Prince Edward Island National Park, Prince Edward Island
When it comes to conserving piping plovers in Prince Edward Island National Park, every egg counts. So, when tidal flooding threatened to wash away an established nest with three eggs from a beach in the summer of 2017, Kerry-lynn Atkinson, a Prince Edward Island National Park resource conservation officer, didn’t sit idly by. She needed to move the eggs to safety. But how to do it without disturbing the pattern of broken shells and rocks the adults use to mark the well-camouflaged nest? “I devised a new method never used in the park, which used a flat pan to move the whole nest and all of the markers around it at the same time,” says Atkinson. It worked. All three eggs hatched, the chicks fledged and migrated south with the adults. The eggs Atkinson saved were three of only 27 laid in the park last year by just six pairs of plovers. Six has been the average number of breeding pairs to visit the park over the past 10 years, but there was a time when there were many more. Parks Canada has been monitoring the plovers since 1983, two years before they were listed as an endangered species. Back then, says Atkinson, they could have 27 breeding pairs and a hundred chicks running around, which kept Parks staff “pretty busy.” Since then, the population has been steadily decreasing. Though extremely good at hiding in plain sight, these tough little birds are incredibly vulnerable to disturbance from vehicles, habitat loss, predation and recreational activity on the beaches, among many other factors. Their continued persistence in the park is largely due to Parks Canada enforcing beach closures around critical breeding habitat and nesting locations, dog bans, public education campaigns, and an extremely vigilant monitoring program that allows people such as Atkinson a chance to prevent eggs from being swept out to sea. “If we can protect eggs throughout incubation,” says Atkinson, “we are quite successful at fledging the chicks.”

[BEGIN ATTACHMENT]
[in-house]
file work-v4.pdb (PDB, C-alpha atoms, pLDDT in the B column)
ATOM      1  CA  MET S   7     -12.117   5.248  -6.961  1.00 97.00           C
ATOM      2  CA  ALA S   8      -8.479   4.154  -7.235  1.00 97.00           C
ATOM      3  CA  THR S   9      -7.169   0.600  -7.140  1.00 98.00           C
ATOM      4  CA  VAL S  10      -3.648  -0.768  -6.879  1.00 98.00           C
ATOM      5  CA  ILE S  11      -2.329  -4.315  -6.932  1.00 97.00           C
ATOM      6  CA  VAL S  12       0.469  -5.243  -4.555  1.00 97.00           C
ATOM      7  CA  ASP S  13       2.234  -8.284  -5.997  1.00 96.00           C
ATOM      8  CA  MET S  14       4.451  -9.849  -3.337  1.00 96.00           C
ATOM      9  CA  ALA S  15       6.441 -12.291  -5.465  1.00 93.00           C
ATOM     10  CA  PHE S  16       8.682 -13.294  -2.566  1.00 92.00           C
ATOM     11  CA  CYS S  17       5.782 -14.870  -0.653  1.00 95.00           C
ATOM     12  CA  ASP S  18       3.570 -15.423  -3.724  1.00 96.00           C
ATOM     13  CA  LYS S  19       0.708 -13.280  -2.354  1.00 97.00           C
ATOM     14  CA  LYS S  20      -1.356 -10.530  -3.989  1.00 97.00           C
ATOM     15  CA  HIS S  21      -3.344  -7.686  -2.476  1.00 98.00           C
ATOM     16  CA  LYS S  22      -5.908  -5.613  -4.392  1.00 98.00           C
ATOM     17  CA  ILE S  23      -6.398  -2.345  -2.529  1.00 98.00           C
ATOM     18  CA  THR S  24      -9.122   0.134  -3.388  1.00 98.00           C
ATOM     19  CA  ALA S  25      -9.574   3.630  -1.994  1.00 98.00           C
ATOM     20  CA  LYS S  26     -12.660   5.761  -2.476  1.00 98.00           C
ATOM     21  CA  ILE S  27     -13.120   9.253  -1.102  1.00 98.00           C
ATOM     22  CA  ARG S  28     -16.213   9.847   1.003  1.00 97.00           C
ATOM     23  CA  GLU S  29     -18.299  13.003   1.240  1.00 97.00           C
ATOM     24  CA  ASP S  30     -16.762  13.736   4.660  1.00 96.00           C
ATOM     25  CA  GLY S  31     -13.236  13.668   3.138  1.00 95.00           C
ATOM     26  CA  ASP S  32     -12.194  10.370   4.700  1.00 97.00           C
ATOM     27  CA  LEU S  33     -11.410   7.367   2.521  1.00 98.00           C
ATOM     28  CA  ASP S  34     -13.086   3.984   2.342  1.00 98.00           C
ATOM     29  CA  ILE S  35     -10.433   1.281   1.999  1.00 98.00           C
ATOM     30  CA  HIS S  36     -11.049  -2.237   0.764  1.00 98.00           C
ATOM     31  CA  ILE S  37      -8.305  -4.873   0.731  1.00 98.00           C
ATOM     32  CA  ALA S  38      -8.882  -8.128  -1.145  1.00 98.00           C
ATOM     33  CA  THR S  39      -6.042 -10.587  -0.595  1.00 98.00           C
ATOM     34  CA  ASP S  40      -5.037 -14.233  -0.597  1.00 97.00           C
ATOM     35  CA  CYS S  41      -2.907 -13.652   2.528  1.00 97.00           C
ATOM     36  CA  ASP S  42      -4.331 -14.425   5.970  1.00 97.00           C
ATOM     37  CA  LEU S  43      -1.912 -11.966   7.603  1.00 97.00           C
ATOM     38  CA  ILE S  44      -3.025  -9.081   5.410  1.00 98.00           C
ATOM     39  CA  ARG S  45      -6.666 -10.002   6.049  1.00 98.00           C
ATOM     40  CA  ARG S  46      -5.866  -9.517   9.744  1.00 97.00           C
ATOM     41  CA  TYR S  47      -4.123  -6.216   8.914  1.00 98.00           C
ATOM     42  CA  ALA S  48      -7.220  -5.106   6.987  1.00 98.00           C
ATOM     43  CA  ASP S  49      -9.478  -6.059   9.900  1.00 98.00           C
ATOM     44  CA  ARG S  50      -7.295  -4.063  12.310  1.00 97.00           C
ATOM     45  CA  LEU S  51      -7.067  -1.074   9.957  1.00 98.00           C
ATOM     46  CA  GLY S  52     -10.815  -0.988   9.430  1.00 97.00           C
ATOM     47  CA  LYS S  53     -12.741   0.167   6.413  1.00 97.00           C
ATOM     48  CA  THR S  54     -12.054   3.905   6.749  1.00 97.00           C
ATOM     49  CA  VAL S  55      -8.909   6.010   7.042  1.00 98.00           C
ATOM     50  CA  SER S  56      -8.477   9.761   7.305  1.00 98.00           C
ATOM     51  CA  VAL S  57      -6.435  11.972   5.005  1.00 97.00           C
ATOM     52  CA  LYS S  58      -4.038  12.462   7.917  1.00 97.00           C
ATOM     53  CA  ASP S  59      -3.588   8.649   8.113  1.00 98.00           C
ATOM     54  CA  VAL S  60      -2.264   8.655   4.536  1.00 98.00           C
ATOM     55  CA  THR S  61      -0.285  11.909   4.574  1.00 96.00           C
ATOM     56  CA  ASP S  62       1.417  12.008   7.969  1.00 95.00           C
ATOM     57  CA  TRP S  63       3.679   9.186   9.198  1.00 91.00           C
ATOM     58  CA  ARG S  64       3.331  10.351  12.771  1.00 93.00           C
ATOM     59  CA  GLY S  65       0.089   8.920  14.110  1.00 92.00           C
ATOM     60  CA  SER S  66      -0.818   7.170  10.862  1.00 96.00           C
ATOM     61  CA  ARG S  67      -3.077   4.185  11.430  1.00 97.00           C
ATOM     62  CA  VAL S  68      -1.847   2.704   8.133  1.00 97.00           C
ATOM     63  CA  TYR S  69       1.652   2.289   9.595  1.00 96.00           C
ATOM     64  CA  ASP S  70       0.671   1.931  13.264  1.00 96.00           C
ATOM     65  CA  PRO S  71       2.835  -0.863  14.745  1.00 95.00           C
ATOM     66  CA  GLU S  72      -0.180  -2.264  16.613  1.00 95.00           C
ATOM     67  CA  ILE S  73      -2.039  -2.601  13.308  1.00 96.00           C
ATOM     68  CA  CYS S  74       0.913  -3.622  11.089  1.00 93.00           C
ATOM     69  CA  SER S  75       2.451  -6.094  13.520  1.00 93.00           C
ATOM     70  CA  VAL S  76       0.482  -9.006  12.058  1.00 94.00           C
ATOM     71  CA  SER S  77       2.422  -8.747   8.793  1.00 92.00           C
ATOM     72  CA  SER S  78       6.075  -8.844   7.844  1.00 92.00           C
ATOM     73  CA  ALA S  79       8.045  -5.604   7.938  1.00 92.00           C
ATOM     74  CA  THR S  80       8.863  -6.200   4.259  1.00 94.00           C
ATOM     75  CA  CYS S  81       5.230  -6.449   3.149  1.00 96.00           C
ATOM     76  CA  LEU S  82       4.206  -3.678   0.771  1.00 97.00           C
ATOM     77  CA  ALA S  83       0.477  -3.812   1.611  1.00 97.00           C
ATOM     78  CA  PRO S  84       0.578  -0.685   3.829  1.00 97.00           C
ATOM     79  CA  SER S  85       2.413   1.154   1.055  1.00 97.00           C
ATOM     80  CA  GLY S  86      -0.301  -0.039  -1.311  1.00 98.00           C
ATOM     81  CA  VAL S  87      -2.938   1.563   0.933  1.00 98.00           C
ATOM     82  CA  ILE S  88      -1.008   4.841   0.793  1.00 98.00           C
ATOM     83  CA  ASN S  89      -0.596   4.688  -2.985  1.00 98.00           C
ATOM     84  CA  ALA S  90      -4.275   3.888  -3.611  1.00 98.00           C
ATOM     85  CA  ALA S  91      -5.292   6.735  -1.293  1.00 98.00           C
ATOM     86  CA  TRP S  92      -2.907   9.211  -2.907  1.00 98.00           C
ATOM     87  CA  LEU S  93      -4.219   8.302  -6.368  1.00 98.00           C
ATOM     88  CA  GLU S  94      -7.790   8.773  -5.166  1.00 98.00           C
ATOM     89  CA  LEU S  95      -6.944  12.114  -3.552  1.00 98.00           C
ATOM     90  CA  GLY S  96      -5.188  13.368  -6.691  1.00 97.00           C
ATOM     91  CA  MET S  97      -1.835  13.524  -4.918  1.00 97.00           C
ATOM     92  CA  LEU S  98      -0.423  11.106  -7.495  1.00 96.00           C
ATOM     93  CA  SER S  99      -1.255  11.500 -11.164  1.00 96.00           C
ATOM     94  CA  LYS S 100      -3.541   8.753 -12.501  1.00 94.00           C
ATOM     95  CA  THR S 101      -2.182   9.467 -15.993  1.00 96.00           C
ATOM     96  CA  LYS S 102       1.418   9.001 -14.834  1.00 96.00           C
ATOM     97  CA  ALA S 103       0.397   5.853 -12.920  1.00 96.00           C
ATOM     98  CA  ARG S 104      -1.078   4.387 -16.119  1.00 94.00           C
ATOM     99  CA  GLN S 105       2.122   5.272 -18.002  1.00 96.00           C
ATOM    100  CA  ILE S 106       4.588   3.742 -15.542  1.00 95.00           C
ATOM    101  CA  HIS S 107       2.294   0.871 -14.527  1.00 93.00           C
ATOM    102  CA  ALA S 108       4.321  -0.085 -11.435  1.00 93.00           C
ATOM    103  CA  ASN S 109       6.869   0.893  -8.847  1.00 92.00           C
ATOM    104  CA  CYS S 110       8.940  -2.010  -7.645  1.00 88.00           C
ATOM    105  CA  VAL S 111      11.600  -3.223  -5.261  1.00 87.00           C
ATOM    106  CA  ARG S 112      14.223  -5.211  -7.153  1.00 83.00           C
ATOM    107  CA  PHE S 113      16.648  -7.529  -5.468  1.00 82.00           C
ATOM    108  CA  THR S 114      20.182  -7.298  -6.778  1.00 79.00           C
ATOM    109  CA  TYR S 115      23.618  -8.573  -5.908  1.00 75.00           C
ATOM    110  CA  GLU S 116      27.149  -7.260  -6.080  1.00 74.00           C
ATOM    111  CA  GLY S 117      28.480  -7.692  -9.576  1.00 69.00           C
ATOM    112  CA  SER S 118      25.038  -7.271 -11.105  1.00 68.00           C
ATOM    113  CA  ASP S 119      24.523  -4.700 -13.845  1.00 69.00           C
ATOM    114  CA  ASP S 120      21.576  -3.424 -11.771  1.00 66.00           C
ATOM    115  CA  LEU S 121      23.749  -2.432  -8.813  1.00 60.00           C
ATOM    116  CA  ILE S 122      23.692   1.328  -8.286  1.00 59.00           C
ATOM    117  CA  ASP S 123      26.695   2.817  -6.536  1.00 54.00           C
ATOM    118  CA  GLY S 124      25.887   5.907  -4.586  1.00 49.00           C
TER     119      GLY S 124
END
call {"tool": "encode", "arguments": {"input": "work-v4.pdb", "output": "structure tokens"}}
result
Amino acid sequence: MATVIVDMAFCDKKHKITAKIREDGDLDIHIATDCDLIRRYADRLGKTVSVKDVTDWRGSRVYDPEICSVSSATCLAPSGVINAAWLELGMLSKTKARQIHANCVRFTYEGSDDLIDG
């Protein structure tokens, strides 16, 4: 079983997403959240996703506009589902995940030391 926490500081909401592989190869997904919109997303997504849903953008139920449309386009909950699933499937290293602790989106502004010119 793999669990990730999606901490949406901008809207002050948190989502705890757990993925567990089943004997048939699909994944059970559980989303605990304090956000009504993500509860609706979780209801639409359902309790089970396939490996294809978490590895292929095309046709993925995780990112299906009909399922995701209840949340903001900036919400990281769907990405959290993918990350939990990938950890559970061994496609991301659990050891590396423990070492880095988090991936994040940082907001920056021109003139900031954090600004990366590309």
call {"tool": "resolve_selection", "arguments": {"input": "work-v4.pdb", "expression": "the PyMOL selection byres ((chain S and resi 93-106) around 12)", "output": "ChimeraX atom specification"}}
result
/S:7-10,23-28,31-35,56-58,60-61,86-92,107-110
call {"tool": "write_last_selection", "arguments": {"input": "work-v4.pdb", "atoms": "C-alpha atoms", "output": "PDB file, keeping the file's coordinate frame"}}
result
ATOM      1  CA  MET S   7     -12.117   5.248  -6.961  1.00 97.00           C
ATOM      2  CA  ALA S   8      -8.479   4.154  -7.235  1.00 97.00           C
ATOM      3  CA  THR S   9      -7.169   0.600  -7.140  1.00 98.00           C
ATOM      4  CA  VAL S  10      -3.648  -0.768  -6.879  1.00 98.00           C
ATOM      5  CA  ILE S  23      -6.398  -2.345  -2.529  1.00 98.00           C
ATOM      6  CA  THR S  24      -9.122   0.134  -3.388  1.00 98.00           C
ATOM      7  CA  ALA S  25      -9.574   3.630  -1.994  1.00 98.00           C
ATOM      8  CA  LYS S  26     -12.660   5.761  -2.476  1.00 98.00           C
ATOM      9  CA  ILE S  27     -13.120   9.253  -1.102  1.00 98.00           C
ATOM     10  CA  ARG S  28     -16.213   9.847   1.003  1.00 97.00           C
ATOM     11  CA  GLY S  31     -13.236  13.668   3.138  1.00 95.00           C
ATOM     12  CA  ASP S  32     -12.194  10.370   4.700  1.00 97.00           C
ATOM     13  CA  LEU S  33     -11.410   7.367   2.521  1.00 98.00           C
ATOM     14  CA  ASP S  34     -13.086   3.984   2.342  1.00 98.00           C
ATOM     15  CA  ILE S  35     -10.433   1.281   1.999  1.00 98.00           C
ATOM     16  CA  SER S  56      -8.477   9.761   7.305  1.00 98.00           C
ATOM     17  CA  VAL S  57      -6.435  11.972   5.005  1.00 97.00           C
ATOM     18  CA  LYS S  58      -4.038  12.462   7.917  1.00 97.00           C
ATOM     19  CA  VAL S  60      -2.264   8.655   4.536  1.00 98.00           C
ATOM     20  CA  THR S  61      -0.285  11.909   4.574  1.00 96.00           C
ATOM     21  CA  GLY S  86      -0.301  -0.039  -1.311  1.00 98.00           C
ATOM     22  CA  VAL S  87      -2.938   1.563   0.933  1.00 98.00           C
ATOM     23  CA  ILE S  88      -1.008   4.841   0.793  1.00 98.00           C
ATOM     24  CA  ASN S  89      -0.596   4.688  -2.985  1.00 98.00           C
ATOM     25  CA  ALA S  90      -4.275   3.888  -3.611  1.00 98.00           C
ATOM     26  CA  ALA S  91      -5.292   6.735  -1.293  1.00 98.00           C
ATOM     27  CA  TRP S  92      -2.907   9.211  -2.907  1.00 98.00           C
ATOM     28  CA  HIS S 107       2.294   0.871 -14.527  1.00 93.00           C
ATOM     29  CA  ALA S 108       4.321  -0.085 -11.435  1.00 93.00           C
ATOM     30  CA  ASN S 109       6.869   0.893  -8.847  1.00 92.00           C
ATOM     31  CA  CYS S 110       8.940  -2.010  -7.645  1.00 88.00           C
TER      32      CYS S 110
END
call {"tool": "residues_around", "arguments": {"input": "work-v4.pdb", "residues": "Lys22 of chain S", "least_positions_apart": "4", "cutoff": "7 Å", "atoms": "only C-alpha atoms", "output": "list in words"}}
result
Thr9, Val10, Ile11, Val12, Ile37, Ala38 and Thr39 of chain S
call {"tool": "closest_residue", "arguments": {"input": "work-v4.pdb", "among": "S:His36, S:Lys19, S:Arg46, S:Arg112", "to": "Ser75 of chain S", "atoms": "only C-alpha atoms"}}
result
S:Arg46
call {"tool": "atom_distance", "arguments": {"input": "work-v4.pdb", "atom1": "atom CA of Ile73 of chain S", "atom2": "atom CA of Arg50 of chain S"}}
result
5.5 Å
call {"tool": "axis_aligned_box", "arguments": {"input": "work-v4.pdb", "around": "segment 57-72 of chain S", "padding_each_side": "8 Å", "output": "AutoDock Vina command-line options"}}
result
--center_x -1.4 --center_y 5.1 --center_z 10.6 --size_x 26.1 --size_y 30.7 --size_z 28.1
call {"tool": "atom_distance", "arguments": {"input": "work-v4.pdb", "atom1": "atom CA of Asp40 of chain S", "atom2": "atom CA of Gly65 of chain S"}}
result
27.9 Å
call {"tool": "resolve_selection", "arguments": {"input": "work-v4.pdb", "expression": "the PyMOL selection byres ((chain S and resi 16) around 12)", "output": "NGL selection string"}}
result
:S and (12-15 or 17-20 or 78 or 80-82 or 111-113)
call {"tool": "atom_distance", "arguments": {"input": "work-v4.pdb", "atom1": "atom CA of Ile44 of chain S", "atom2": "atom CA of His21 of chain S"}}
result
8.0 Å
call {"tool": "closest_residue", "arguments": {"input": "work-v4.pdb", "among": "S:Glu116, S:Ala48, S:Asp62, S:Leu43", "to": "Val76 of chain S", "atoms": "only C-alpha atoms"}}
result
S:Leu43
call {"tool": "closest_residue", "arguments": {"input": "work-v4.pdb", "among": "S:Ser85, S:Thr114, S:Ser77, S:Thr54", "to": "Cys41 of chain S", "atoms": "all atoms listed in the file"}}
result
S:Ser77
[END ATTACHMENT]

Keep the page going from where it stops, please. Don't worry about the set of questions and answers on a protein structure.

A piping plover at Prince Edward Island National Park ( this image). Kerry-lynn Atkinson, a resource conservation officer at the park, watches for the birds ( below).